Oooh wonderful way to celebrate ElliesMum! 🎂🍰🍩🍮🍪
I went out for a walk with my friend and my Grandog along Lytham beach.... It was freeeeeeeezing and raining but it blew the cobwebs away! Made a change actually...I havent had the energy to do much for ages! ☔️☂☔️☂☔️☂☔️
Good Morning Ladies 🎀
Badboob and Reddi....that's very interesting info with regards to genetic testing!
Hopefully you'll manage to get the test ElliesMum! 👍🏻
💜Fiona...how are you feeling? Hope your Genetics appointment goes well 🎀
ElliesMum...I'm not sure what to do to celebrate the end of chemo...nothing planned as yet, altho, my Grandaughter and I are doing "The Big Garden Bird Watch" over the w/e...does that count?? 😂🐤🐦🐧 She loves it...she takes the binoculars! Very professional! Haha!
Are you doing anything? 🎉🎉🎉
I'm really pleased chemo is coming to an end...but it still feels 'strange' in a way! As if I'm 'going to be on my own!' 🤔
Hope everyone is well.... Stay strong girls!
Hi @ElliesMum: The 40yo cutoff was explained to me by my genetics counselor as being about limiting the testing to BRCA1, BRCA2, and PALB2; if I was younger and had a family history of cancers, then they may have also tested for another mutation -- I think it was the TP53 mutation, which is associated with Li-Fraumeni syndrome / early onset cancers. But Li-Fraumeni typically causes onset much earlier than 40yo -- more like childhood, teens, and twenties -- so it seems I may have the age cutoff wrong.
But as I said, ask your team to ask! My team wasn't going to ask because they considered me low risk, but when I met with my genetics counselor she said they always test bilateral breast clinic patients under 50yo, and in fact, the BCC site suggests they test all bilateral breast cancer patients, full stop.
FWIW, my younger sister has been tested, too, and I checked: they did test her for CHEK2, and she's CHEK2 negative. I'm American and she lives in the US, and her private health insurance paid for the test because she had a first-degree relative with bilateral breast cancer under 50 (me!). Hilariously, they approved her test and she got her results before the NHS approved mine. But I went ahead with my testing because there was a chance she was negative and I was positive for a mutation. Her genetics counselor suggested that there may be a combination of small mutations across the genome, or an as-yet-not-identified mutation, in our family, given that I've thrown up 2 (or 3) different primary breast cancers before age 50.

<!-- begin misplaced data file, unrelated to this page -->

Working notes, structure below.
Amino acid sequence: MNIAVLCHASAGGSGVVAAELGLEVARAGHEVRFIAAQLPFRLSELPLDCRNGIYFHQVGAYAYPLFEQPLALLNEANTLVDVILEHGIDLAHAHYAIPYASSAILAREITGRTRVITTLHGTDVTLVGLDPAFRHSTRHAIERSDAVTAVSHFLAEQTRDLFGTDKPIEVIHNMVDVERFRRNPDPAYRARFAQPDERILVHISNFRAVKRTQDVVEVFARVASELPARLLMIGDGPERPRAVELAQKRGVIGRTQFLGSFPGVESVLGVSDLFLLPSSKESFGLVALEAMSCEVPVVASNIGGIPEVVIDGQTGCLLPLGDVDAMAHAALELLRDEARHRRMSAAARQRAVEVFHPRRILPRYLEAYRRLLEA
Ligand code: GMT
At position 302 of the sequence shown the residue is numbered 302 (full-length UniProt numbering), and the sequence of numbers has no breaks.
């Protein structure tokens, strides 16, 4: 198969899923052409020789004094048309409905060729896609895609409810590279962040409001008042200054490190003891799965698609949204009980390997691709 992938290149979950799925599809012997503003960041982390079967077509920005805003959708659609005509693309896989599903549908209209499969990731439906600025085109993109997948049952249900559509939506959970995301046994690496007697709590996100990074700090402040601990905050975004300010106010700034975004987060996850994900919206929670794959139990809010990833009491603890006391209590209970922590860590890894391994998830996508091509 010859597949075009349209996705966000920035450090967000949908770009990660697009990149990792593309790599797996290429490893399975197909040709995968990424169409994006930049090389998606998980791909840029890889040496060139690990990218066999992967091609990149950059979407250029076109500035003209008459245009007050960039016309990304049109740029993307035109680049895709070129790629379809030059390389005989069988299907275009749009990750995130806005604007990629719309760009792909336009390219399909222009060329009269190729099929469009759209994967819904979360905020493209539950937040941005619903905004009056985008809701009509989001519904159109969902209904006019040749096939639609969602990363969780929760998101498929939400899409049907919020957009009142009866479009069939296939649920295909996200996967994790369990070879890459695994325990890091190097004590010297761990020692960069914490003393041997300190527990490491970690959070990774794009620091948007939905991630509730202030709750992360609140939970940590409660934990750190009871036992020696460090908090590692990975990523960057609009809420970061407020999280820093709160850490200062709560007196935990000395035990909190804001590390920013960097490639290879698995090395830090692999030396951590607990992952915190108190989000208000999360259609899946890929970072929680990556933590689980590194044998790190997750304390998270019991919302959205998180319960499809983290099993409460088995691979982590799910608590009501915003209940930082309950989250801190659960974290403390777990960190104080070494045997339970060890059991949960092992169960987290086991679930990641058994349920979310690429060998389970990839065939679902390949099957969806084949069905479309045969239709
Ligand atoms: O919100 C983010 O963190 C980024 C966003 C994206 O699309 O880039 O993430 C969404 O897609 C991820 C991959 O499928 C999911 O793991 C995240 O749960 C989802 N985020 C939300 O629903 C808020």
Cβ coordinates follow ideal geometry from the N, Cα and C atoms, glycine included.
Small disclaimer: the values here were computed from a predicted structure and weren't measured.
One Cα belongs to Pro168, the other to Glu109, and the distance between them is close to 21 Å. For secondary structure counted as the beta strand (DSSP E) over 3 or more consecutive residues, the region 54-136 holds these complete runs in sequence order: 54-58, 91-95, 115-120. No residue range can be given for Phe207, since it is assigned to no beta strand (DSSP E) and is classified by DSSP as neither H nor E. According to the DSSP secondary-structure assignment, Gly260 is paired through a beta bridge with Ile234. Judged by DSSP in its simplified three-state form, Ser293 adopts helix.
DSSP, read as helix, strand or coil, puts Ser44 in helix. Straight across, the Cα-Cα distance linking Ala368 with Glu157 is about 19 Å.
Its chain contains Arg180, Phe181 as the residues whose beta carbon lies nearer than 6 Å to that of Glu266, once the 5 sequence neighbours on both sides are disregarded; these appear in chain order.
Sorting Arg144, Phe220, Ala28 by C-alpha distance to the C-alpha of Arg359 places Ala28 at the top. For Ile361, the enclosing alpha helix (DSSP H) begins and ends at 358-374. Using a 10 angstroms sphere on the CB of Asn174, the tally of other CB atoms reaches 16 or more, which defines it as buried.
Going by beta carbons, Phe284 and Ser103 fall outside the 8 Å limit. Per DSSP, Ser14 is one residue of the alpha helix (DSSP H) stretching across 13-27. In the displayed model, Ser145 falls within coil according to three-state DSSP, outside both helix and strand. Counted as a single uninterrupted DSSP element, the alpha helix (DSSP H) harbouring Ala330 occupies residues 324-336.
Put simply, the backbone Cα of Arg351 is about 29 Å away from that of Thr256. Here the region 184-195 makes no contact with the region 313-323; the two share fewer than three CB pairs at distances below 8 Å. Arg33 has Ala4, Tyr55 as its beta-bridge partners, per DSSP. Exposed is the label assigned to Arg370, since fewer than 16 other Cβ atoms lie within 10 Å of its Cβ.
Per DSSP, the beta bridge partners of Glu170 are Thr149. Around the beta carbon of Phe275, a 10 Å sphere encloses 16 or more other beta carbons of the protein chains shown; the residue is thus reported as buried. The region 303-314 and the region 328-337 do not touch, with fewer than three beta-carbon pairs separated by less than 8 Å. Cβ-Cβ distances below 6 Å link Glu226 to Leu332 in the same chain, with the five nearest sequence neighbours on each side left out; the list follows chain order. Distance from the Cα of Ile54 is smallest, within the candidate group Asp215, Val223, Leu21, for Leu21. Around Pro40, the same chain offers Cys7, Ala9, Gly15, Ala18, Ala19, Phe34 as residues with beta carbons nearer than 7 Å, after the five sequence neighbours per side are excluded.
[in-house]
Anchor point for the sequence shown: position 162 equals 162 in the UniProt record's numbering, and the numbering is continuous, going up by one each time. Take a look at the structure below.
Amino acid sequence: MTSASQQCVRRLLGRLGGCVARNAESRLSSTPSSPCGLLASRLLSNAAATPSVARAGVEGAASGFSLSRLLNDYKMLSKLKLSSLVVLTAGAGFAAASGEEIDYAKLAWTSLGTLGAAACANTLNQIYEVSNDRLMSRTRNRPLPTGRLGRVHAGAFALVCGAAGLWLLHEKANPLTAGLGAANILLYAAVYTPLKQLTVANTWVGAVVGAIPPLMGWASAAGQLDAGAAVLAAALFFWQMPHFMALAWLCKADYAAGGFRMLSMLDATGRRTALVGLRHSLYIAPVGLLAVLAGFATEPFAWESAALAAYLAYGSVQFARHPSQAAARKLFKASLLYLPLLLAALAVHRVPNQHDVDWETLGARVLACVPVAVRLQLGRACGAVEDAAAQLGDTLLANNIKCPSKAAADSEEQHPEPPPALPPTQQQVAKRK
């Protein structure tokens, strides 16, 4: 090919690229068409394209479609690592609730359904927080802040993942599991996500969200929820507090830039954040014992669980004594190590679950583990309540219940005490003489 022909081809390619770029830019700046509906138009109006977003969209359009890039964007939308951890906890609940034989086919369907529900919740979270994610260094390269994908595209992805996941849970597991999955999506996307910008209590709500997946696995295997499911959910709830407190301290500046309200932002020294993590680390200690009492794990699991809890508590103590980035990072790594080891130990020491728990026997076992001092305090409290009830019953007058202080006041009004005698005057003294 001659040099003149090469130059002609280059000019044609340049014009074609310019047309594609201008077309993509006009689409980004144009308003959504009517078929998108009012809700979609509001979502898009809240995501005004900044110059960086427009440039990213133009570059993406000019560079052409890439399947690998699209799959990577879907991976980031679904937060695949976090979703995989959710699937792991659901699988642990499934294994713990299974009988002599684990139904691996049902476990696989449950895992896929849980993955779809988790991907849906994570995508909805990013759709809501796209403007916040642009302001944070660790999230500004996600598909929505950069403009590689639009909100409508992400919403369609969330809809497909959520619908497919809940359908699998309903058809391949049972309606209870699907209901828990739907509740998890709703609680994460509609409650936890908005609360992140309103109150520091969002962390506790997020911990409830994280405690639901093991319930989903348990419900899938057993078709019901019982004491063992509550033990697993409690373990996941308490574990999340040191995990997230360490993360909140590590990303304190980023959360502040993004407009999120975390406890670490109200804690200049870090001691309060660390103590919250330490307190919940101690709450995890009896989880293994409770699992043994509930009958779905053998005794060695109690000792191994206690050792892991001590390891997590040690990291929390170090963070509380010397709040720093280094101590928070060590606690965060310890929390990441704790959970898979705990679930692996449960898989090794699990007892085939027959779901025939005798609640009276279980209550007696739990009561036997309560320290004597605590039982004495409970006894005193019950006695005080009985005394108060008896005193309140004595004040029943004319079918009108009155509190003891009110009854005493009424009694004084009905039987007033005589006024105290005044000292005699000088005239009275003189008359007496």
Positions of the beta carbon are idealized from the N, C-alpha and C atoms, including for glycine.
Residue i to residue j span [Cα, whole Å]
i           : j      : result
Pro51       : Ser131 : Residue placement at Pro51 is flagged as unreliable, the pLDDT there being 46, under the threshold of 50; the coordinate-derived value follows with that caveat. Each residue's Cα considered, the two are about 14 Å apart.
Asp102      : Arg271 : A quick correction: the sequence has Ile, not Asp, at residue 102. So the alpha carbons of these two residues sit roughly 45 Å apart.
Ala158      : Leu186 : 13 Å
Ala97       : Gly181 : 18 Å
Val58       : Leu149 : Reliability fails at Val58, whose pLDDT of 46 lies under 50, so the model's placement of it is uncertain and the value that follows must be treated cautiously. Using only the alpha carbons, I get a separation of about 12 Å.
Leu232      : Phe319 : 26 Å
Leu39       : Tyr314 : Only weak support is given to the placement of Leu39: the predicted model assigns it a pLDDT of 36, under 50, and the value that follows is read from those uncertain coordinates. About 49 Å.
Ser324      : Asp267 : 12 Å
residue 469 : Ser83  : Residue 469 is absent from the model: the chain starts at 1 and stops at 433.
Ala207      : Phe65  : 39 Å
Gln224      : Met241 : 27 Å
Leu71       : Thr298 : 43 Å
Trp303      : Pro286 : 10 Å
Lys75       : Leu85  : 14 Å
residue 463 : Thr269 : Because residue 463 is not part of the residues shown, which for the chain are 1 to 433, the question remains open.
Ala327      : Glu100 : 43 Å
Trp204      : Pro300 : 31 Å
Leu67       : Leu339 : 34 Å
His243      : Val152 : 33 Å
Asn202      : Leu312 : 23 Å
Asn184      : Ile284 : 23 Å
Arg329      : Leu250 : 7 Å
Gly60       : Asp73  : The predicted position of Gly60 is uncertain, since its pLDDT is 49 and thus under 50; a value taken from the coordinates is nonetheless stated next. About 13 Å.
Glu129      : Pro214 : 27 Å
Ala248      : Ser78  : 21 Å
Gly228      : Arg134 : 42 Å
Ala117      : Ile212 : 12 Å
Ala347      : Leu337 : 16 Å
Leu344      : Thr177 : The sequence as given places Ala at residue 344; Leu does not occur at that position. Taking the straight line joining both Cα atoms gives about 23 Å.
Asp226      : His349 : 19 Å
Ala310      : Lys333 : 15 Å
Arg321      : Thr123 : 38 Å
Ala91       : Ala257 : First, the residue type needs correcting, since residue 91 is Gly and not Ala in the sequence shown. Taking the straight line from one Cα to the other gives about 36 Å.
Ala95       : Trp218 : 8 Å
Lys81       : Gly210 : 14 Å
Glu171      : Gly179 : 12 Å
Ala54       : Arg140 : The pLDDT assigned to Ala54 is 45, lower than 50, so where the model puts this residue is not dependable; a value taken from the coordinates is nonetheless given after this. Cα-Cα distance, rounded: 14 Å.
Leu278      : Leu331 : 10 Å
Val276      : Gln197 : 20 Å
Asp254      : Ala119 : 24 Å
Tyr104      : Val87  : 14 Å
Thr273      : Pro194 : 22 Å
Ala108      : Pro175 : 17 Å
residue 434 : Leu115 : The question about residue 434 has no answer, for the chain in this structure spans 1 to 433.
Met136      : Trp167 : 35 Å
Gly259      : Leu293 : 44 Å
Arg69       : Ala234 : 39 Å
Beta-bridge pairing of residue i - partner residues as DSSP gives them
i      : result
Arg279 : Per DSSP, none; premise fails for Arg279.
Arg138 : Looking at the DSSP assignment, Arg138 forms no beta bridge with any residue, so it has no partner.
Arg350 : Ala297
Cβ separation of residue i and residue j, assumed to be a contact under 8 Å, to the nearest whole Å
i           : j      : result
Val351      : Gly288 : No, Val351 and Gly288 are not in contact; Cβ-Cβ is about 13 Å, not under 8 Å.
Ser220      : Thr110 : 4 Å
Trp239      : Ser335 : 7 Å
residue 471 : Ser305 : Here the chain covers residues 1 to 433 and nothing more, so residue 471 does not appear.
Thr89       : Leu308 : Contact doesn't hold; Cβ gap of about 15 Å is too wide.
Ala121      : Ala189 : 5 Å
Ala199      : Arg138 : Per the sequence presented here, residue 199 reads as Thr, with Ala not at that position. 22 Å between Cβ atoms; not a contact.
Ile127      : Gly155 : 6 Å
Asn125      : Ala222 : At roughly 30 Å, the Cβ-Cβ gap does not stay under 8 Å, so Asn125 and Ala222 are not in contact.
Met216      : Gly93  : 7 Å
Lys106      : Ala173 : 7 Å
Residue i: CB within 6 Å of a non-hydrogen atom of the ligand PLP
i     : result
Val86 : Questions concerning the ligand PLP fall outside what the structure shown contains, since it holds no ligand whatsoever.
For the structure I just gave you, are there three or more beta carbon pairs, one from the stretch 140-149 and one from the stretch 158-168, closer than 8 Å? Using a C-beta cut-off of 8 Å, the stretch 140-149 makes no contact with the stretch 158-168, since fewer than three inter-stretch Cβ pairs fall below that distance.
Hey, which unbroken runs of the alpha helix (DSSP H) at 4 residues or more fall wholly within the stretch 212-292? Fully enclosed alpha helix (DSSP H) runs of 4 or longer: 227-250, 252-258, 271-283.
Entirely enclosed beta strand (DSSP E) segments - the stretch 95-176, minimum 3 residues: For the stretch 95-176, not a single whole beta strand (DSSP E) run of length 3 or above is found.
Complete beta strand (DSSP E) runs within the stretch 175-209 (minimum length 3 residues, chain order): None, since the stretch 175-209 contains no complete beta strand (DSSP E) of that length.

@Badboob Thanks so much for sharing the information about your genetic test results and the studies in which you are participating! The research on mutations in individual tumors and development of personalized immunotherapy treatments is super fascinating. So cool that you've had the chance to take part.
For those asking for genetic testing 🧬, it's worth noting that, outside of research programmes like these, the NHS currently only tests for BRCA1, BRCA2, and PALB2 for people with first diagnosis of breast cancer over age 40 (and no big flags in family history). So the CHEK2 BC mutation is not part of the tests. As I understand it, this is partly because the mutation elevates risk, but not so much that it would strongly urge, say, preventive surgery, and all the more so because the mutation tends to be associated with hormone receptor-positive breast cancer, which can often be very effectively treated with endocrine therapy.
(FYI, I got tested specifically because I have synchronous bilateral breast cancer under age 50. Paternal grandmother and great aunt with breast cancer, and father with prostate cancer, were not considered sufficient family history to warrant testing, particularly as I am ER+/PR+ in both breasts and HER2+ in one. Negative for BRCA1, BRCA2, aand PALB2 mutations.)
Still, keep asking for the tests if you want them -- the genetics team do turn some people down, but they can't turn you down if your team never asks for the test. 😉
And good luck with your final (and next to final) cycles -- you're in the home stretch! 💪